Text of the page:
|The ingredients for a fine Sunday morning|
Red Beer. Bloody Beer. Red Eye. Michelada.
It may go by a handful of aliases, but when I was first spied someone in a bar dumping a glass of tomato juice in what appeared to be a perfectly good beer, I was horrified.
First of all, as affable as the gritty character drinking it was("Oh, that's really kind of you, but I have an appointment after this, so I'm going to have to decline your polite invitation to 'burn down a J' in the bar parking lot. Thank you, though!", drinking tomato based alcohol drinks in the evening always seemed kind of out of place in the cold, dim lighting of a divier establishment.
Secondly, why would one pollute what appears to be at least a reasonably refreshing beer with a can of Campbell's tomato juice? And furthermore, why would one drink five of these concoctions in a row?
Interestingly, the guy was a fellow Midwestern transplant, so naturally I wondered if this was a regional drink that had escaped me before I moved to Seattle. In the interest of alcoholic anthropology, I sought an expert in the world of Midwestern bar going, my younger sister, then an student at the University of Iowa.
According to her, this was indeed a thing, and it ran from at least Wisconsin to Ohio, but it was definitely viewed as a sort of tailgating restorative, a Budweiser corpse reviver with all of the salt and ethanol that a growing undergrad could need to get back onto their feet to cheer their beloved Hawkeyes(or other Big Ten school) on to victory.
What I did not realize until later, is that our neighbors to the South had been enjoying a similar if not more flavorful with the refreshing additions of lime juice, hot sauce, and some other savory MSG laden wondersauce, be it Maggi, soy, or good old fashioned Worcestershire. This make sense, given that the general blandness of many Mexican lagers make for an excellent blank canvas for a savory, effervescent beer that doesn't feel quite as wrong being drunk before noon.
Which brings me back to the shrub.
There aren't all that many drinks that pop into my mind that use tomato as a main flavor component, and I tackled a new spin on one of them, which led me to wonder if I could bring some of that rich, complex East African spice profile to the beloved red beer.
By heck, I think I may have done just that!
By substituting the very concentrated Elizabeth shrub for your less viscous, run of the mill tomato juice, we bolster the otherwise thin, but extremely clean taste of one's favorite lager with a salvo of savory. The umami punch and inherent heat of this shrub in this drink is so strong, it basically renders the need for additional Worcestershire and hot sauce almost irrelevant.
Which is not to say that you can't put those things in there, because this is your beer, friend! What goes on between a man or a woman and their beer in their kitchen is none of my damn business.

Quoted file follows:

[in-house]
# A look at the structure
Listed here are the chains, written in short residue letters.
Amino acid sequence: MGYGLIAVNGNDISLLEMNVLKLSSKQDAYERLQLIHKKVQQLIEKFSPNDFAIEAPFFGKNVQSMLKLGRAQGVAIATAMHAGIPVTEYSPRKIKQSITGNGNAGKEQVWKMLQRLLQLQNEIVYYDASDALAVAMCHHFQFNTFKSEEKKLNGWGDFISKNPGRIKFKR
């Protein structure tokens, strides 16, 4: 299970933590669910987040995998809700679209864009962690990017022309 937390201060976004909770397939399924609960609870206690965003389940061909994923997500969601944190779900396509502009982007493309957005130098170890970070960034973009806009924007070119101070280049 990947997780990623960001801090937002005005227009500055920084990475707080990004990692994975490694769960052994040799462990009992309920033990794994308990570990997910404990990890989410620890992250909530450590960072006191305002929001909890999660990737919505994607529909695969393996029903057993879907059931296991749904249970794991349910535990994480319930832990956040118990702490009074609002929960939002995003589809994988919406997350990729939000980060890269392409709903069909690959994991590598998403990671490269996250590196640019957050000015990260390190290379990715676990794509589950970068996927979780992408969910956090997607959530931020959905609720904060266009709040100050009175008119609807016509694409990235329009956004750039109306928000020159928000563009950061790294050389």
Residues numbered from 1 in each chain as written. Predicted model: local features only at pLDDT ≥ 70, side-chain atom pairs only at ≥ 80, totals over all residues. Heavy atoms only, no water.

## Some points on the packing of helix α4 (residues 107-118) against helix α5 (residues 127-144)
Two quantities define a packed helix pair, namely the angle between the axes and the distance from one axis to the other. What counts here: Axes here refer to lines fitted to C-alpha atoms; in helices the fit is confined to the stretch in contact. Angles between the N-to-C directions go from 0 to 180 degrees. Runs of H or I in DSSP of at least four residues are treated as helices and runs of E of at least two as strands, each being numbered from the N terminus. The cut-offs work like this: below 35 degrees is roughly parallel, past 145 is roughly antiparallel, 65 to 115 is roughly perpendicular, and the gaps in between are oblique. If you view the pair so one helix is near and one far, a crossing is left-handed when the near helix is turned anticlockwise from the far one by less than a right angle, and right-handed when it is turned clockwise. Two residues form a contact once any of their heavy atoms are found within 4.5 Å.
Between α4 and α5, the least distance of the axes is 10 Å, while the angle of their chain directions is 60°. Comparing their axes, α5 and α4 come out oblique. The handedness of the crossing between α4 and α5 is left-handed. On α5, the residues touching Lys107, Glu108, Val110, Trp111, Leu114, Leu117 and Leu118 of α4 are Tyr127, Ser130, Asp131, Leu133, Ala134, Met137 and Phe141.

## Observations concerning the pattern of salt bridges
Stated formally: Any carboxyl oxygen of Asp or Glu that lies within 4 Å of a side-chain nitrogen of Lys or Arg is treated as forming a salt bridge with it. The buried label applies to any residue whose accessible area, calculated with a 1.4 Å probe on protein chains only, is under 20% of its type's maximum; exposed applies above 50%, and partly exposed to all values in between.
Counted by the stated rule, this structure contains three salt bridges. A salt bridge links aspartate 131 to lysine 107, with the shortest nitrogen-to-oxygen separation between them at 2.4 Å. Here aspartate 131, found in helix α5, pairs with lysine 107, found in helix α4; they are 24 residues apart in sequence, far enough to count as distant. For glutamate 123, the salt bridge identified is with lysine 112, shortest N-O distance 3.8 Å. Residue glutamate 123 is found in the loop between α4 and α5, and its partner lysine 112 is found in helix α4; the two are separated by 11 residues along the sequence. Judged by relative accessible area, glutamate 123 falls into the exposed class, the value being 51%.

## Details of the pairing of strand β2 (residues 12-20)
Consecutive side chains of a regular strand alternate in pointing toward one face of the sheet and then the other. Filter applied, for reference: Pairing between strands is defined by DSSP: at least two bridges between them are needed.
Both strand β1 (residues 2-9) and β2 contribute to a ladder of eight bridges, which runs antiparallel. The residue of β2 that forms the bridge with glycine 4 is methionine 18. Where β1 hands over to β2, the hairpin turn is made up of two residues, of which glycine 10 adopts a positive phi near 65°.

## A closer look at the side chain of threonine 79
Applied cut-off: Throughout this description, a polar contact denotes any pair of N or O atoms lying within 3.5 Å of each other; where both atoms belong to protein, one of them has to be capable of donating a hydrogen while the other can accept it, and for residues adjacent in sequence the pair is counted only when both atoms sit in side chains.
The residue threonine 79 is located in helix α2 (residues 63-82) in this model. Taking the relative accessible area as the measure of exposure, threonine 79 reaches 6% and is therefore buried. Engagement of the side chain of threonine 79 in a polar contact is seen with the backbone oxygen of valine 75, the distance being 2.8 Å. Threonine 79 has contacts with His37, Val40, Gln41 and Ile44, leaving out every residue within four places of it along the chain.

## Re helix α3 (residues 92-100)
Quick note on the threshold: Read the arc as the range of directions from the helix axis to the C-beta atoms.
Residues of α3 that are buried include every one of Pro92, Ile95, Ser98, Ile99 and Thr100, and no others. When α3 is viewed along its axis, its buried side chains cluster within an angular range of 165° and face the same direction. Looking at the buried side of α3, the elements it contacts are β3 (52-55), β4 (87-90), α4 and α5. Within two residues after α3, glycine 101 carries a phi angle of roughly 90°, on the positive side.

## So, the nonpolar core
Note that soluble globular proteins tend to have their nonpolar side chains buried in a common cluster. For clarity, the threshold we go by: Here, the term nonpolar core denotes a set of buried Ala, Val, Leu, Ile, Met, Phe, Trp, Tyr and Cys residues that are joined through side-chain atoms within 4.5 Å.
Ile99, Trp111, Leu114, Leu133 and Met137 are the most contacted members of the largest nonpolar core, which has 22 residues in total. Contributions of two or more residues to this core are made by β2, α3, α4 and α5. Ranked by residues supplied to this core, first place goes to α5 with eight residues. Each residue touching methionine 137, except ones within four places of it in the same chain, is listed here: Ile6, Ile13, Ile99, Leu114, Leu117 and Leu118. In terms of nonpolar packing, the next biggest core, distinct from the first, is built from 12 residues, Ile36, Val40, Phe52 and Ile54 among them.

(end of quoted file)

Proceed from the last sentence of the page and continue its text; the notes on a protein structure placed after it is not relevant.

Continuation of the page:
As for the lime: the kid stays in the picture. Lime brings a necessary dose of bright acidity to give this thing some lift.
One area I did think could use an upgrade, however, was the salted rim. I am actually a huge proponent of people using salt in some drinks as it can really highlight or downplay other flavors. In this case, I felt like coupling the salt with one of the myriad of spices that are actually in berbere, would echo those flavors in a much more vibrant and immediate way.
I chose to make a Coriander salt, which approximates a nice balance of citric pucker with the salinity that gives the entire affair a sense of balance. Other good options if you're not a purist might be smoked paprika salt, or cayenne salt. If you're using African cayenne, please be careful; after putting that against your mouth a few times, the Flaming Lips won't just be a band name any more, but a very unpleasant temporary reality.
Ultimately, I've grown to love Micheladas(except the ones with Clamato, thanks) and their simple, but refreshing permutations and customizable nature. Since we're already playing with flavors, what's a continent or two between friends?
The Bitter Ibex
1-4 oz Elizabeth(to desired strength)
12 oz lager(I have used HUB and Fort George 1811 Lager)
Juice of 1/2 lime
Worcestershire, soy sauce, or Maggi sauce(optional)
Vinegar Based Hot Sauce(optional)
Coriander Salt(for rim)
Place tall glass in freezer until ice cold.
Pour flavored salt onto a plate in an even layer. Wet rim of glass with cut lime, gently roll glass rim in flavored salt.
Pour in desired amount of Elizabeth, followed by the juice of half a lime. If adding hot sauce and or other savory sauce, add it now. Swirl glass gently.
Pour lager into glass from a reasonable height so that the beer begins to mix and slightly agitate the shrub, lime juice, and any other optional ingredients you may have added.
Swirl gently again, and enjoy before beer gets warm.
2 parts salt
1 part ground coriander(I like Indian coriander for this, as it's more lemony)
Combine salt and ground coriander and mix together thoroughly.